“A month before consulting with Jon about his results, a Phase III trial reported that an oral drug called Olaparib, can be effective in BRCA-mutated pancreatic cancer. It is the first trial in pancreatic cancer to show a survival benefit in a long time,” said Dr. Milan Radovich, co-director of the IU Health Precision Genomics Program.

Jon began taking the medication that was then FDA approved early last year. The drug is also prescribed in the treatment of BRCA-mutated advanced ovarian cancer.

“Jon started taking the drug in September 2019, and his cancer is responding still to this date. To compare, the median overall survival for metastatic pancreatic cancer is seven to nine months, with most tumors not responding to standard chemotherapy or rapidly progressing,” said Dr. Radovich.

“In May of 2019, we had our socks knocked off,” said Robin, who is retired as an administrator with Muncie schools. Jon credits her with researching their cancers and their care options. Their children jumped in and created t-shirts that read: “Not Today,” as a way of offering encouragement to their parents.

Jon said he is grateful to his employer, Capital Machinery Systems, owned by Russ Phillips, and his co-workers for additional support during treatments.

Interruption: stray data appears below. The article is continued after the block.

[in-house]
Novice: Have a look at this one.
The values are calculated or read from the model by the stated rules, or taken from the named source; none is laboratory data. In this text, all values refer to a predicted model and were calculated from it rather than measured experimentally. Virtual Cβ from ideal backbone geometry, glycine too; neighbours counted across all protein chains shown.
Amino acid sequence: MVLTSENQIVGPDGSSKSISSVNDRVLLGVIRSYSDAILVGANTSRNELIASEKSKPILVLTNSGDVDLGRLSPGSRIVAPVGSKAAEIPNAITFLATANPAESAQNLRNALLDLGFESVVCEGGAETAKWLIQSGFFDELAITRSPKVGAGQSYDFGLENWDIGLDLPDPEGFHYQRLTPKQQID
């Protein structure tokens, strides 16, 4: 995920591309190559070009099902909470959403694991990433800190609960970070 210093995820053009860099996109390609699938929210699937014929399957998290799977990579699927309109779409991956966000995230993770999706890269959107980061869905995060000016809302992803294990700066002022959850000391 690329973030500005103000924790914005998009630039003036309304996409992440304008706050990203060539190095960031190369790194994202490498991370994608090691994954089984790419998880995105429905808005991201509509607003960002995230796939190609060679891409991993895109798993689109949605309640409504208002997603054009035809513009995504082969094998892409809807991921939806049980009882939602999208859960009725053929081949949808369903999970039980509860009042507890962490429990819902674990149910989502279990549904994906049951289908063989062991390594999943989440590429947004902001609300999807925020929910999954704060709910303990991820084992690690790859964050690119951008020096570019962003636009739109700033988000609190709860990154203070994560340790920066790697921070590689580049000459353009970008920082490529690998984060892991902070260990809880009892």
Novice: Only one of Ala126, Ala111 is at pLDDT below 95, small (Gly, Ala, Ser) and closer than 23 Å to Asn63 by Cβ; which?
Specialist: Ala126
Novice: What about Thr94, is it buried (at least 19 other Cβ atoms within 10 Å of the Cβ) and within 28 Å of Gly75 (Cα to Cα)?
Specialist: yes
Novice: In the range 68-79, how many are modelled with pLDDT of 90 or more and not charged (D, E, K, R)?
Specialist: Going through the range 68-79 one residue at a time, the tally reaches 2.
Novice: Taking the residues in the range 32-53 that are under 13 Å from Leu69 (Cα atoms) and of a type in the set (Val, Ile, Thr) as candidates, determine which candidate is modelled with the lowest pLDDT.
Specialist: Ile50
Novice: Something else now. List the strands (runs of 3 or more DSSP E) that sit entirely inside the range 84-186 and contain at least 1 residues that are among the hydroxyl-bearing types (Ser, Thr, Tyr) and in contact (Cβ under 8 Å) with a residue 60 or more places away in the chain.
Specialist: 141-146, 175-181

With the help of their doctors, and family members both Jon and Robin have focused on making every day count. “We are still able to do the things we want to do – working in the yard, golfing and spending time with our grandkids. We just maybe don’t do it as long as we normally would because we get tired,” said Jon.

“IU Health has been a lifesaver,” said Robin. “We have tremendous oncologists who have done an amazing job explaining everything to us and offering us options.” Jon added: “After I worked with precision genomics and got results, I had a reason to believe. They knew the makeup of my tumor and how to respond to it. I knew it would be taken care of. If my diagnosis had occurred five years ago and precision genomics didn’t exist, I may be still living, but my quality of life wouldn’t be what it is. We are truly blessed.”